Skip to main content

Research Data Management @ Pitt

This guide will assist researchers in planning for the various stages of managing their research data and in preparing data management plans required with funding proposals.

About metadata for data

Metadata is often defined as "data about data," a characterization that fails to capture why it is important and what it does. Paul Miller provides a richer description that illustrates metadata's many values and purposes:

In essence, metadata is the extra baggage associated with any resource that enables a real or potential user to find that resource; to decide whether or not it is of value to them; to discover where, when and by whom it was created, as well as for what purpose; to know what tools will be needed to manipulate the resource; to determine whether or not they will actually be allowed access to the resource itself and how much this will cost them. Metadata is, in short, a means by which largely meaningless data may be transformed into information, interpretable and reusable by those other than the creator of the data resource.1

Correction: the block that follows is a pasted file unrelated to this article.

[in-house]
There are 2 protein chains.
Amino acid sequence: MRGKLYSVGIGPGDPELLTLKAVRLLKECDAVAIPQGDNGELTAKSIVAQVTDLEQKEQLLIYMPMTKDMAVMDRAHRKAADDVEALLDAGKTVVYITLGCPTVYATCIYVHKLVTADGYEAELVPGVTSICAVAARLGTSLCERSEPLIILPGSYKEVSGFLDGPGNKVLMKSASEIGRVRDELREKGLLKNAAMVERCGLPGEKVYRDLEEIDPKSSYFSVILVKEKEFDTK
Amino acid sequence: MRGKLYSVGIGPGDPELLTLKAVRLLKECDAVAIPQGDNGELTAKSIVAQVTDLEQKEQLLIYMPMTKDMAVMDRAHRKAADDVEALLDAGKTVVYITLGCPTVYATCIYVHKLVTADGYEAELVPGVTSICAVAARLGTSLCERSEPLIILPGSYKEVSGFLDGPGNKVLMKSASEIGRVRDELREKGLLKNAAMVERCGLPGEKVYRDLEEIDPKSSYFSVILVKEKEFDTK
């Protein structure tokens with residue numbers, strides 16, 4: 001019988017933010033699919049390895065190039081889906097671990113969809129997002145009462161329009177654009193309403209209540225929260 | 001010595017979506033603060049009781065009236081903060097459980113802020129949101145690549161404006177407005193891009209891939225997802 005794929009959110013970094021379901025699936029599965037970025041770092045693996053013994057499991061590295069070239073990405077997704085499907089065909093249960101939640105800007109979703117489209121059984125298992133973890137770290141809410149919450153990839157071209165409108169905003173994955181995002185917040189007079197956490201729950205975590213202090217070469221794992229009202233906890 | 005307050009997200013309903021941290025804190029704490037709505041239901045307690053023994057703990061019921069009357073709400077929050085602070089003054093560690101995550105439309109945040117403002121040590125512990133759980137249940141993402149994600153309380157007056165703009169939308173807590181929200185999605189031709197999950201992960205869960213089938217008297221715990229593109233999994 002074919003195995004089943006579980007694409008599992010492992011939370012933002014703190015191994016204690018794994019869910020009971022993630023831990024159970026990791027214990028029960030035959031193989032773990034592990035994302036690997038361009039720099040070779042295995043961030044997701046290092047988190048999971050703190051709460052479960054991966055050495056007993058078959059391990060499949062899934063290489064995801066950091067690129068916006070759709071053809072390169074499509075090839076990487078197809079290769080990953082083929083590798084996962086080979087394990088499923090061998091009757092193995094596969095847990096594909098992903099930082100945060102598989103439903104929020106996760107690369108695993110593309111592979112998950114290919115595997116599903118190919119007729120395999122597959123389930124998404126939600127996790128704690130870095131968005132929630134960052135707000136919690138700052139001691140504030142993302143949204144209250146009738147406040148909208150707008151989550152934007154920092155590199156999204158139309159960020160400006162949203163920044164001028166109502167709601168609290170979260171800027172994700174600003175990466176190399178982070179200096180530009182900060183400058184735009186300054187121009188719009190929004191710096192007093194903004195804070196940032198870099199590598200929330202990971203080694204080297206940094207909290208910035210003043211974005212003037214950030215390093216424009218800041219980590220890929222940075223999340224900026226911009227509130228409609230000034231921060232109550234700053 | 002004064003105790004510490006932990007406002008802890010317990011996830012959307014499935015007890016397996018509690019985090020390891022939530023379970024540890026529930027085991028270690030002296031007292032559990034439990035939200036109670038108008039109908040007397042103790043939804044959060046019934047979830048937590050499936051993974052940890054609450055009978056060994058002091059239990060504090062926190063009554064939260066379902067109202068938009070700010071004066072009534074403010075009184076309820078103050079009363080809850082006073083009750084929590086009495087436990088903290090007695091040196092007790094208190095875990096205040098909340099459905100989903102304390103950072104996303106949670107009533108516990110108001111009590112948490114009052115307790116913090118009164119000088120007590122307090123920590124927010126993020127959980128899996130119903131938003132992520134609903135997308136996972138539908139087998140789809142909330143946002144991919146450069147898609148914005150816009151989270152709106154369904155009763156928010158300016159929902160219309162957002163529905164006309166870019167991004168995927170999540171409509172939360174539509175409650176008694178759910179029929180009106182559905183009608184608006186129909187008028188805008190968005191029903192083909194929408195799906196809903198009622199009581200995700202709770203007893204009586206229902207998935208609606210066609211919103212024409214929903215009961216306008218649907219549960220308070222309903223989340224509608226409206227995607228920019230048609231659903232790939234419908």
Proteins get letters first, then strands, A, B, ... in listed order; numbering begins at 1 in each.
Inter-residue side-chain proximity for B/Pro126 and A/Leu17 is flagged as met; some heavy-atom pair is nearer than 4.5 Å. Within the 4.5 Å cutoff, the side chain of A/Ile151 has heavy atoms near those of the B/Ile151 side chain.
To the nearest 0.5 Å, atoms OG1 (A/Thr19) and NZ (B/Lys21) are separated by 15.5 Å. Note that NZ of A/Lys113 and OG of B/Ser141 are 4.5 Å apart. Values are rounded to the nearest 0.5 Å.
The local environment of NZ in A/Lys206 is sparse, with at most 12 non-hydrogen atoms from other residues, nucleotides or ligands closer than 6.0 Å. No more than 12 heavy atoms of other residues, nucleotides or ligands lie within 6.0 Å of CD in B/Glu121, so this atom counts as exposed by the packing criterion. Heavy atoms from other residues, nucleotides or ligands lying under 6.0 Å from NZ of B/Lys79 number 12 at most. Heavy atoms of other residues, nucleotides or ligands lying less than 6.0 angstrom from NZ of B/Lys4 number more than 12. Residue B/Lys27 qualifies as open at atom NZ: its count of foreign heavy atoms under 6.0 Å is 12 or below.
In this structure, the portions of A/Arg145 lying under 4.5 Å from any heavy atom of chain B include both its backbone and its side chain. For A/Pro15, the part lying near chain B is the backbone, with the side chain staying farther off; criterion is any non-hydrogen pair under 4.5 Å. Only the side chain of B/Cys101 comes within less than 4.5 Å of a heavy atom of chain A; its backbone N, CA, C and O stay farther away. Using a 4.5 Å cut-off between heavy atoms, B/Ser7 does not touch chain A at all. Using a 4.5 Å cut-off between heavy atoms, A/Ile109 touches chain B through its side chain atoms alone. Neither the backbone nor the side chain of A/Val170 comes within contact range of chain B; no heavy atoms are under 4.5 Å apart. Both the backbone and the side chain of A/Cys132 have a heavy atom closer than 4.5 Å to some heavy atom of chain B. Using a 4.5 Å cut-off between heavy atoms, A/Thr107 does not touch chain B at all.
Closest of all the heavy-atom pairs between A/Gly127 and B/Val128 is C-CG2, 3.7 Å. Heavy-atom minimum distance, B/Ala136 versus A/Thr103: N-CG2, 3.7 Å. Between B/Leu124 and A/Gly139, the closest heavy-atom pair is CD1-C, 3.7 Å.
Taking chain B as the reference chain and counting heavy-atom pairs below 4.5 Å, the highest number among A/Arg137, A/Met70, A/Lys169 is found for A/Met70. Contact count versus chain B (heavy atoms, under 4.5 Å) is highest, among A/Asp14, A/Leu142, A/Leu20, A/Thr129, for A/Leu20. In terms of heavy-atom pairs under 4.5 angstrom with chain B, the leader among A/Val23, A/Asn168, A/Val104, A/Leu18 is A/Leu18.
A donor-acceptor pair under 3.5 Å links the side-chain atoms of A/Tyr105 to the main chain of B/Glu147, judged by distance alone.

Metadata is structured information about an object, like a dataset, and has value to both the original creator and other users. Complete metadata allows researchers to locate data they created and recall the circumstances and context under which they created and analyzed the data. It allows researchers outside of the original research team to:

  • Find the data
  • Know who created the data or contributed to the creation of the data (i.e. a funder)
  • Understand how the data was created and manipulated
  • Know when the data was created
  • Determine tools needed to view, manipulate, and use the data
  • Understand rights and use conditions surrounding the data
  • Connect to related information objects